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“Carbomorph” material to enable 3D printing of custom personal electronics


November 29, 2012

A game 3D-printed game controller with touch-sensitive buttons (Photo: University of Warwick)

A game 3D-printed game controller with touch-sensitive buttons (Photo: University of Warwick)

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Researchers at the University of Warwick have created a cheap plastic composite that can be used even with low-end 3D printers, to produce custom-made electronic devices. The material, nicknamed "carbomorph," is both conductive and piezoresistive, meaning that both electronic tracks and touch-sensitive areas can now be easily embedded in 3D-printed objects without the need for complex procedures or expensive materials.

Carbomorph was made by adding carbon black – a conductive filler produced by the combustion of tar and vegetable oil – to a matrix of polycaprolactone (PCL), which is a biodegradable polyester with a low melting point of 60°C (140°F).

The result is a highly versatile composite that can be adapted to quickly prototype objects with embedded flex sensors or even capacitive, touch-sensitive buttons, such as computer game controllers or mugs that can tell how full they are.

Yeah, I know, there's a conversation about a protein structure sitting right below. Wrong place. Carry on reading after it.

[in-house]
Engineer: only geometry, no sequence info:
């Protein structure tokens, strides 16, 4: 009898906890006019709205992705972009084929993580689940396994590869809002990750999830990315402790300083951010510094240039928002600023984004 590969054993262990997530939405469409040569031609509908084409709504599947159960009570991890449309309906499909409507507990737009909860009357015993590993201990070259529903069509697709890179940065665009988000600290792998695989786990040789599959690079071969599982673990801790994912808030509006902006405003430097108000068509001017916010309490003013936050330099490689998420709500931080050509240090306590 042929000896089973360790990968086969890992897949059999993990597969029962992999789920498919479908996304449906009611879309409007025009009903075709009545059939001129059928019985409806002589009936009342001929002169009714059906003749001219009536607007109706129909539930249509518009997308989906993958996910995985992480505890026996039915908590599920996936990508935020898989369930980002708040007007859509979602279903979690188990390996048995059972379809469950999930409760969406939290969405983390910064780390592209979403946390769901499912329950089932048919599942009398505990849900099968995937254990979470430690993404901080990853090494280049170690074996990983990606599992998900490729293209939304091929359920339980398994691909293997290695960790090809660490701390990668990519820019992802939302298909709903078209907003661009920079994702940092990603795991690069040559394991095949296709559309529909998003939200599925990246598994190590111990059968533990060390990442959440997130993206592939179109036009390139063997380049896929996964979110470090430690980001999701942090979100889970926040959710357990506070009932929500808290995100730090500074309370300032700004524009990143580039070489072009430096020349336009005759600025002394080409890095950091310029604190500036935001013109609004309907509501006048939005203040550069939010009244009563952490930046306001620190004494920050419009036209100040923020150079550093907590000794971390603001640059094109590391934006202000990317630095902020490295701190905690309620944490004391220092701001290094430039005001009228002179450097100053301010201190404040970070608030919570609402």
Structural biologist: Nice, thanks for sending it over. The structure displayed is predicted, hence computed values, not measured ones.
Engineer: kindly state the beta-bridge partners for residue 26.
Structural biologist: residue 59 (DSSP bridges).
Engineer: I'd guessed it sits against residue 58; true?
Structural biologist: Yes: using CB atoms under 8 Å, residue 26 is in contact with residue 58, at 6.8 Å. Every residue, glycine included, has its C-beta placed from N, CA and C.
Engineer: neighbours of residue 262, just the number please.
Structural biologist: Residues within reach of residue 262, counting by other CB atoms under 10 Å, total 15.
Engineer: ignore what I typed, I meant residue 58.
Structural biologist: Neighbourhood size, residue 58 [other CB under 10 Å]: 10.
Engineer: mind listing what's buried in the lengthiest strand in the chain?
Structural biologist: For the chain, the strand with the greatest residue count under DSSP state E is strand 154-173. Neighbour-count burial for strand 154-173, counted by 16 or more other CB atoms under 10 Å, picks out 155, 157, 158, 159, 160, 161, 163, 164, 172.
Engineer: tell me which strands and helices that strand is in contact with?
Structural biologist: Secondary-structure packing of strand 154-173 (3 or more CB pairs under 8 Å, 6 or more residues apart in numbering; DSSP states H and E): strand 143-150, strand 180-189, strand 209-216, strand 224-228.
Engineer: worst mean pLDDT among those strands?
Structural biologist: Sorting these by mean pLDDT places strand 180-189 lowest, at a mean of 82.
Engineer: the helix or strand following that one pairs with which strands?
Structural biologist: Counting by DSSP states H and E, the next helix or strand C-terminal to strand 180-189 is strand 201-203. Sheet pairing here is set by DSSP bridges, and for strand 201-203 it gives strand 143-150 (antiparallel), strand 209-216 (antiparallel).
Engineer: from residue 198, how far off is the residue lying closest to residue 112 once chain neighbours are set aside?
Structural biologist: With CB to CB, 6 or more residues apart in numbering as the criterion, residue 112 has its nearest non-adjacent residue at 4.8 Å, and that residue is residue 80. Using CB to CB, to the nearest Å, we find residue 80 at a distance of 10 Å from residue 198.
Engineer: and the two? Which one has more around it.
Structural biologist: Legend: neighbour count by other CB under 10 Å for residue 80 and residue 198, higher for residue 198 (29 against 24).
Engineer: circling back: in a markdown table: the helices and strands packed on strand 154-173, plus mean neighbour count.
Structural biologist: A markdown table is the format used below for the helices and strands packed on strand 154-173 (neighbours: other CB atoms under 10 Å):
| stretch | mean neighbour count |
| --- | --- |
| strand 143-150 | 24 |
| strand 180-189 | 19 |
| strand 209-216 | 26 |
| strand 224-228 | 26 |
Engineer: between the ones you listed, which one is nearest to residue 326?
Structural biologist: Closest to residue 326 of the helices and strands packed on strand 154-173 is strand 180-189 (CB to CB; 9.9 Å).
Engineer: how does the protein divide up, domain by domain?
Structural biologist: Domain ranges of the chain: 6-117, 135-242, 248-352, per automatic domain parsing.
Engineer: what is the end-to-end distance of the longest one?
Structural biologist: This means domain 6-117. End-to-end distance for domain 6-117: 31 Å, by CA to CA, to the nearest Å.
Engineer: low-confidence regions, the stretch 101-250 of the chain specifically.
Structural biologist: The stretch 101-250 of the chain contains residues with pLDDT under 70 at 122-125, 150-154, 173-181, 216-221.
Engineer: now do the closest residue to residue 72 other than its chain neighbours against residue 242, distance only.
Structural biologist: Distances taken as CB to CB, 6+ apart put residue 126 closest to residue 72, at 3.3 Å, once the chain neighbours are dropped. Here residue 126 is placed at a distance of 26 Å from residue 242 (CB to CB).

Interfacing with the printed devices is also quite simple – the sensors can be monitored using existing open-source electronics and freely available programming libraries. In the near future, users will also be able to directly print up the wires and cables to interconnect those devices.

The carbomorph material can be used to build 3D-printed piezoresistive flex sensors (Image: University of Warwick)

This technology could have a big impact in the educational sector, allowing engineering students to get hands-on experience and quickly design and test simple electronic devices right in the classroom. In the long run, the researchers hope, it could also open new markets for highly individualized, more ergonomic personal electronics.

The team is now working on using the same methodology to print much more complex electronic components – including the blueprints for the wires and cables.

An open-access paper detailing this advance was published in the journal PLOS ONE.

Source: University of Warwick

About the Author
Dario Borghino Dario studied software engineering at the Polytechnic University of Turin. When he isn't writing for Gizmag he is usually traveling the world on a whim, working on an AI-guided automated trading system, or chasing his dream to become the next European thumbwrestling champion. All articles by Dario Borghino
1 Comment

It's unclear whether this material is being used in filament form...which means it most likely is not.

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